This cheeky ensemble piece from Montreal-born director Gary Yates is a rare example of something we should see more often — a Canadian movie with an alternative edge that’s not a bummer. Based on an award-winning stage work by Toronto playwright Lee McDougall, who co-wrote the screenplay with Yates, this stoner heist comedy clicks along with a smart, off-kilter rhythm and is buoyantly entertaining from start to finish. There are couple of times when its dramatic bones as a play show through, but on the whole Yates has lifted the material off the stage and turned it into kinetic visual drama. A movie movie. The story is set in Winnipeg in 1983, just after the birth of ATM machines. A pair of ex-cons, the genial Dick (Timothy Olyphant) and the sociopathic Bug (Stephen Erin McIntyre) team up to rob a bank’s new instant teller machine, recruiting a twitchy addict as their accomplice (Joe Anderson) and a naive dreamboat as their frontman (Rossif Sutherland). These lovable losers hatch a plan that’s too complicated by half. There’s never any doubt it will, just a question of how, and how badly. And the narrative keeps us on our toes every step of the way.
High Life a total guy movie—there are no women to speak of—but it’s a strong character piece, driven by four pitch-perfect performances. The characters are all deluded, but in different ways. As the ring-leader Olyphant has a reckless charm that’s the perfect foil for McIntyre, the quintessential loose cannon. Anderson quivers with rat-like desperation. And Sutherland is cast as the wild card, a carefree babe magnet who glides through life as if he’s a movie star. And not just any movie star. Sutherland looks and talks like the young Marlon Brando, cruising along with a sleepy-eyed sex appeal that’s so disingenuous it takes some getting used to, but you can’t take your eyes off him.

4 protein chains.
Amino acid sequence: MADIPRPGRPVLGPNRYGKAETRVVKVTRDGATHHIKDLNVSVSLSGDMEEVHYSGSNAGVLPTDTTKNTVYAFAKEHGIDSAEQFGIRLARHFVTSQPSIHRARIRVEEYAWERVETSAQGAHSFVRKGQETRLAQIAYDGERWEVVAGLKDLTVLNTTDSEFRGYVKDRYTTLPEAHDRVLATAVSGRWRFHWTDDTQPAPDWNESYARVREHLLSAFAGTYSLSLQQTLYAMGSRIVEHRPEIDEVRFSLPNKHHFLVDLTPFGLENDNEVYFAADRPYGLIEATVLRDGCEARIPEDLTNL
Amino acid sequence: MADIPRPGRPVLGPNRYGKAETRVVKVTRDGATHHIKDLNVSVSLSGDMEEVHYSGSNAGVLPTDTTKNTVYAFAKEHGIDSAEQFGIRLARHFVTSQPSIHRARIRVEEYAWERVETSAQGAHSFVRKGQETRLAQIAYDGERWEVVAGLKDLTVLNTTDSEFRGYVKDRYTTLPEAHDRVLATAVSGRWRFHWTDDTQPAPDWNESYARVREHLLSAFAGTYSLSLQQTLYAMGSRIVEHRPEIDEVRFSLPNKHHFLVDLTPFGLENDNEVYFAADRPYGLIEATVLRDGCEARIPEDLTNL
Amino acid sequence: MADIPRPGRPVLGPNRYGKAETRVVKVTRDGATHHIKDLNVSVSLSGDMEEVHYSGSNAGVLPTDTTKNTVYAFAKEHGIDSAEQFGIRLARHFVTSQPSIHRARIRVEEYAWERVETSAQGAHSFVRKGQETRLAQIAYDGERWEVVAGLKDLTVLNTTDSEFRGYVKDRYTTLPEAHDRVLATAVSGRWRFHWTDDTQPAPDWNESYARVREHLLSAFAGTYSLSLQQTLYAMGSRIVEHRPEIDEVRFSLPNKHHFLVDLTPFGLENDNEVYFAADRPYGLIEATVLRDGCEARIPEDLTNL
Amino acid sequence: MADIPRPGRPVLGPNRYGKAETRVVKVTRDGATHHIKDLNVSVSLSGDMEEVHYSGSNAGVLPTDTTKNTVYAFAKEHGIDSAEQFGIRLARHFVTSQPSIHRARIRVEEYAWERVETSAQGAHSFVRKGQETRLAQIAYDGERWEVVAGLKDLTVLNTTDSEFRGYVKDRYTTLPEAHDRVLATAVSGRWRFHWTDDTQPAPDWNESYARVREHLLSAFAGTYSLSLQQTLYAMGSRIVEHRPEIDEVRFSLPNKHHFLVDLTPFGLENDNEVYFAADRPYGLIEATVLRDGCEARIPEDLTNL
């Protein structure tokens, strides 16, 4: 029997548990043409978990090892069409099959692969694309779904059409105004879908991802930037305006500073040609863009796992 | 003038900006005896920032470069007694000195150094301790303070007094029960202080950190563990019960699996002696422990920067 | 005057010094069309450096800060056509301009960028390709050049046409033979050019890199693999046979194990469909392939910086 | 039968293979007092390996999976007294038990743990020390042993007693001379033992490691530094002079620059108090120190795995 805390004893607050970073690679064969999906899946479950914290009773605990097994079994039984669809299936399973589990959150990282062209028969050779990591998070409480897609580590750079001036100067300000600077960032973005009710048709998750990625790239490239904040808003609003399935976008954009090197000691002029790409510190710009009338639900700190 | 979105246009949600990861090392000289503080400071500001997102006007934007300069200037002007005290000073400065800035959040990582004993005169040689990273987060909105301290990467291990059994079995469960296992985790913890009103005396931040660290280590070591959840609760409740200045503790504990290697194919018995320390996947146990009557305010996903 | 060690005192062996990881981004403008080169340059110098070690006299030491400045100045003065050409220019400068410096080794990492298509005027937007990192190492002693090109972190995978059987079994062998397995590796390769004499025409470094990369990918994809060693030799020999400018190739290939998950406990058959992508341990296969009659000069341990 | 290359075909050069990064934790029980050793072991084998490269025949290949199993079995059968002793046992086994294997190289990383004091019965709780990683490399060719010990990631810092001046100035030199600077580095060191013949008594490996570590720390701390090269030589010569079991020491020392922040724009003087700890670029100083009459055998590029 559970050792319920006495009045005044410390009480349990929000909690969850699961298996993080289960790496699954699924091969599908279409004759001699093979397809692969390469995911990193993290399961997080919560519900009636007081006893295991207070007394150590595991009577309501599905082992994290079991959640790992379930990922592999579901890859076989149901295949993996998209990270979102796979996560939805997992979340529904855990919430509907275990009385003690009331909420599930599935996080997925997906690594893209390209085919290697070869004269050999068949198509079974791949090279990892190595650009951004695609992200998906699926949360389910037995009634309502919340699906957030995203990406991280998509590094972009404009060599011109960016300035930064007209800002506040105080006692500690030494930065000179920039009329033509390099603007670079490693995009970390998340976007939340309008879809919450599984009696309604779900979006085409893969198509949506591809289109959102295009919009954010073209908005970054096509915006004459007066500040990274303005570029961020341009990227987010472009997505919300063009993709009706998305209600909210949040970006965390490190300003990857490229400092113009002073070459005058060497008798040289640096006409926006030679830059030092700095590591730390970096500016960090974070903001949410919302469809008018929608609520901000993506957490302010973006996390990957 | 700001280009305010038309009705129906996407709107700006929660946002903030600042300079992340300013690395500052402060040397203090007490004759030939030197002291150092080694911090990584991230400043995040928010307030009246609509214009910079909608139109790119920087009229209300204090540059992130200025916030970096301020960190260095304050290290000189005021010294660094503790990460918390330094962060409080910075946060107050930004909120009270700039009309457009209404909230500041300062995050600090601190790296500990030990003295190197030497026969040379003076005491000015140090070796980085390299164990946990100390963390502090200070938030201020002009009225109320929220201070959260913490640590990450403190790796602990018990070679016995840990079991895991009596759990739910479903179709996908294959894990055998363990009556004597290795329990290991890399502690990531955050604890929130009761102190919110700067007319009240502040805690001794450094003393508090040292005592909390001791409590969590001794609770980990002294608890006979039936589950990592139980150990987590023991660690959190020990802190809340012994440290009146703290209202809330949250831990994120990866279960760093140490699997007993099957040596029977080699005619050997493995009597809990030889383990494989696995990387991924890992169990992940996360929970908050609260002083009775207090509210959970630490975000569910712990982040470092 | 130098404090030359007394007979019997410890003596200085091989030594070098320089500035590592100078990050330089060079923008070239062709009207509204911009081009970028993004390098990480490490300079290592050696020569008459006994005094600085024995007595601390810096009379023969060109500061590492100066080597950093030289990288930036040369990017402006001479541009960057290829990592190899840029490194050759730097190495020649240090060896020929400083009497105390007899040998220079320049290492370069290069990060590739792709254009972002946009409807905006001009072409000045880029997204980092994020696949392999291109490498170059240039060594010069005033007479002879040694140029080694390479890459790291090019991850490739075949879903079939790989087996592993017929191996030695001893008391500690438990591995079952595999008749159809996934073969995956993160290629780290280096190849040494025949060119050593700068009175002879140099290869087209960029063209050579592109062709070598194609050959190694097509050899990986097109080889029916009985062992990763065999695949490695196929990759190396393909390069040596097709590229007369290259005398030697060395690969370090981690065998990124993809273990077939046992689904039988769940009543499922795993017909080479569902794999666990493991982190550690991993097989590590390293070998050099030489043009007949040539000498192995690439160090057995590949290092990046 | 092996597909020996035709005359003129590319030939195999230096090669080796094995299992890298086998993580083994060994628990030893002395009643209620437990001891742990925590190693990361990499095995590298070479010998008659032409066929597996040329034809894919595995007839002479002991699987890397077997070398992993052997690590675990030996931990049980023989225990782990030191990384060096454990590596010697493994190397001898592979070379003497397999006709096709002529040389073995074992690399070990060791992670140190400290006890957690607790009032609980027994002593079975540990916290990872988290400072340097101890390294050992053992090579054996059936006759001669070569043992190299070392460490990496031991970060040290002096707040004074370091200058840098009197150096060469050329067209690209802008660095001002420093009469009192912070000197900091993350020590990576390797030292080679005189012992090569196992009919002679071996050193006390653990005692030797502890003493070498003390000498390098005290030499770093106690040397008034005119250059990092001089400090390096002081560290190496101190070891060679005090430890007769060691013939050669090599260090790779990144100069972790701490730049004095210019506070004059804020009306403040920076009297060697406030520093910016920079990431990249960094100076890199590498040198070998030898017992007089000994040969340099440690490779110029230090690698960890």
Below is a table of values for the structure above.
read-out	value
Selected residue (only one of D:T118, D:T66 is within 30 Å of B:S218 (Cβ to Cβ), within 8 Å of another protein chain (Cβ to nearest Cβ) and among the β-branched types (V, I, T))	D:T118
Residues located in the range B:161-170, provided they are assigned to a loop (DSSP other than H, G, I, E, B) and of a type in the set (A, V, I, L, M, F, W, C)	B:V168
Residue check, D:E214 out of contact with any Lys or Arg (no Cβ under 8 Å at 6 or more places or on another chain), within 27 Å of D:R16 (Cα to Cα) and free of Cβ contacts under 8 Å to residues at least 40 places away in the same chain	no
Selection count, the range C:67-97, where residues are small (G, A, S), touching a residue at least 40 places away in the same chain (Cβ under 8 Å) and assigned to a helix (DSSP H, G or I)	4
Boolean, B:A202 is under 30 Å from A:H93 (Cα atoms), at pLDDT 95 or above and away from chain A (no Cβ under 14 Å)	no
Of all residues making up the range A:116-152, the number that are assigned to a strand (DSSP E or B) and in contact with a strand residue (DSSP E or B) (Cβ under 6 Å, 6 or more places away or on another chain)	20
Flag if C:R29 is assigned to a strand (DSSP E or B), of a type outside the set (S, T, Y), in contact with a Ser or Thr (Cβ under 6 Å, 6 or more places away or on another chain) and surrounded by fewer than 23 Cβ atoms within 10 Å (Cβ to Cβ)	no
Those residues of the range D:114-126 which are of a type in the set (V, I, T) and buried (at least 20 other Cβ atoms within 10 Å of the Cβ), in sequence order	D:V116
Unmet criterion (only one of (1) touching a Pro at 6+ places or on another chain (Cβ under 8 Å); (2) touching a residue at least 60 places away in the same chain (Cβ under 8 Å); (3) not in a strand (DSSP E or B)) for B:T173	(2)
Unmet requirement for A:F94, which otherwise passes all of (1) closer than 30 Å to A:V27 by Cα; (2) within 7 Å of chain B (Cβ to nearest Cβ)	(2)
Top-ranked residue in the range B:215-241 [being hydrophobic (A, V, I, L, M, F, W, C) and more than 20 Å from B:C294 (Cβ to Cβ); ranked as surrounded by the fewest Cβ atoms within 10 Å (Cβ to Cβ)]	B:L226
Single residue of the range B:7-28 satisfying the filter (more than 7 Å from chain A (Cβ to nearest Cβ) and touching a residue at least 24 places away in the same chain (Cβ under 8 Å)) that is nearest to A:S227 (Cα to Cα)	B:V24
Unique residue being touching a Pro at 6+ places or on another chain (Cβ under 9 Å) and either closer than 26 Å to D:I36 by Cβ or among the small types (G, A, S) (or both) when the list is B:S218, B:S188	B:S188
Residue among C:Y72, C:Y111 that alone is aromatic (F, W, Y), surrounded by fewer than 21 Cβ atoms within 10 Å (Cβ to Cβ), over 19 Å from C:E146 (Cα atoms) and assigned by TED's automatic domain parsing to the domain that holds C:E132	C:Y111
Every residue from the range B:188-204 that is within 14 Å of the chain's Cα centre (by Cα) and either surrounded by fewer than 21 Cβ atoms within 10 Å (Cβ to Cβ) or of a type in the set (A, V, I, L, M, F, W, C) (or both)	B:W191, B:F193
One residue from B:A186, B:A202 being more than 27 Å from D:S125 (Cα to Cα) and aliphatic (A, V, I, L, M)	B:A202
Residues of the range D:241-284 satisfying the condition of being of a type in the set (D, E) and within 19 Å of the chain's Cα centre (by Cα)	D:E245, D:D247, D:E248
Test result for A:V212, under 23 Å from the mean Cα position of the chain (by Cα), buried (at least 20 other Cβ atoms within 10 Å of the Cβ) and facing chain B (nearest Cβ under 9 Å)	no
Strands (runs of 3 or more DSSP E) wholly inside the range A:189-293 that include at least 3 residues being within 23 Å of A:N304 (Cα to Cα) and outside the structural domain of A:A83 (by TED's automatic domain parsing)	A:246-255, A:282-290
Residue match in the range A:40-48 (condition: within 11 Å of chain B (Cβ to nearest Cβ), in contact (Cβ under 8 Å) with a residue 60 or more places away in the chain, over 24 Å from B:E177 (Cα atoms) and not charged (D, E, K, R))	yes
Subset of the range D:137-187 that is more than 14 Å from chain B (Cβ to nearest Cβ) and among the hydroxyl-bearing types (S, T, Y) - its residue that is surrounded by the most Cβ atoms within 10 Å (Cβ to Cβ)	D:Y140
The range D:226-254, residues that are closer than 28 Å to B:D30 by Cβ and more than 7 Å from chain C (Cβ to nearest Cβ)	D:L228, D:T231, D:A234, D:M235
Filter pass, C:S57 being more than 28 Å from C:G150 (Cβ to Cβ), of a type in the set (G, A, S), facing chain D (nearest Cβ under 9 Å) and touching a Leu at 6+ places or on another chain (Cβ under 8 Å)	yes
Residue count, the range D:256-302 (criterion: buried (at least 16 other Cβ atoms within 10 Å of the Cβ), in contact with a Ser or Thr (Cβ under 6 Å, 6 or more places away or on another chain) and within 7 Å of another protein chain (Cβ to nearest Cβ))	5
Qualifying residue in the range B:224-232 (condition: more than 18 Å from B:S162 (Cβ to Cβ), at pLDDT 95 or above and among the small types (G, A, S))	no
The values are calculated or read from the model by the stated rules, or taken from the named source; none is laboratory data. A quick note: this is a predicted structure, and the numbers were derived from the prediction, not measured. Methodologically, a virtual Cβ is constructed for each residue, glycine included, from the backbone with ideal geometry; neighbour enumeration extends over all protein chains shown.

With a narrative that starts midway through a shootout at the scene of the crime, then flashes backwards, the move is reminiscent of Reservoir Dogs. But it’s more painless. It’s as if Yates has come up with a Canadian answer to the Coen brothers, a black (yet oddly light) comedy with a Tarantino kick and sparks of druggy delirium worthy of Bruce McDonald.
In short, High Life is a blast.
The White Ribbon
While I can’t help but admire the cold brilliance of his filmmaking, I’ve never been very fond of Michael Haneke. I find it hard to enjoy his work. Yes, I know that’s the whole point; we’re not suppose to enjoy his dark, pathological essays about the cruelty and intolerance. But Haneke’s ego always seems too transparently present, the omniscient gaze of this intellectual sadist who’s out to teach us a lesson while remaining smugly confidant that we won’t entirely understand it. But with each movie, the Austrian director seems less intent obvious shock-for-shock’s sake, as in Funny Games and The Pianist, and more intent on submerging his characters in a fathomless mystery of historical violence and guilt. With the Mobius-strip narrative of his previous film, Caché, Haneke created a riveting whodunit that pointed a finger at the French colonial crimes of Algeria without ever telling us whodunit. Now with The White Ribbon, a tale of unexplained crimes that spread like an epidemic through a small German town before the First World War, he appears to be exploring the childhood roots of Nazi horror with an oblique look at patterns of abuse and patriarchy. Which makes this movie sound more boring than it is. Shot in black-and-white with an elegant rigour that recalls Bergman, The White Ribbon is perhaps Haneke’s most beautifully crafted work. One can see why it won the Palme d’Or in Cannes, and why it is winning so many critics prizes, including the foreign-language award at my own Toronto Film Critics Association. Personally, I found my admiration for the film outstripped my appreciation of it, if I can split that particular hair. On the other hand, I haven’t seen it a second time since catching its Cannes premiere. It lingers well in the memory, and I believe it deserves another look. At this point, however, my favorite foreign film of the year is still L’heure d’été (Summer Hours), by Olivier Assayas, a warmer, contemporary tale of parents and children and the sad weight of inherited memory.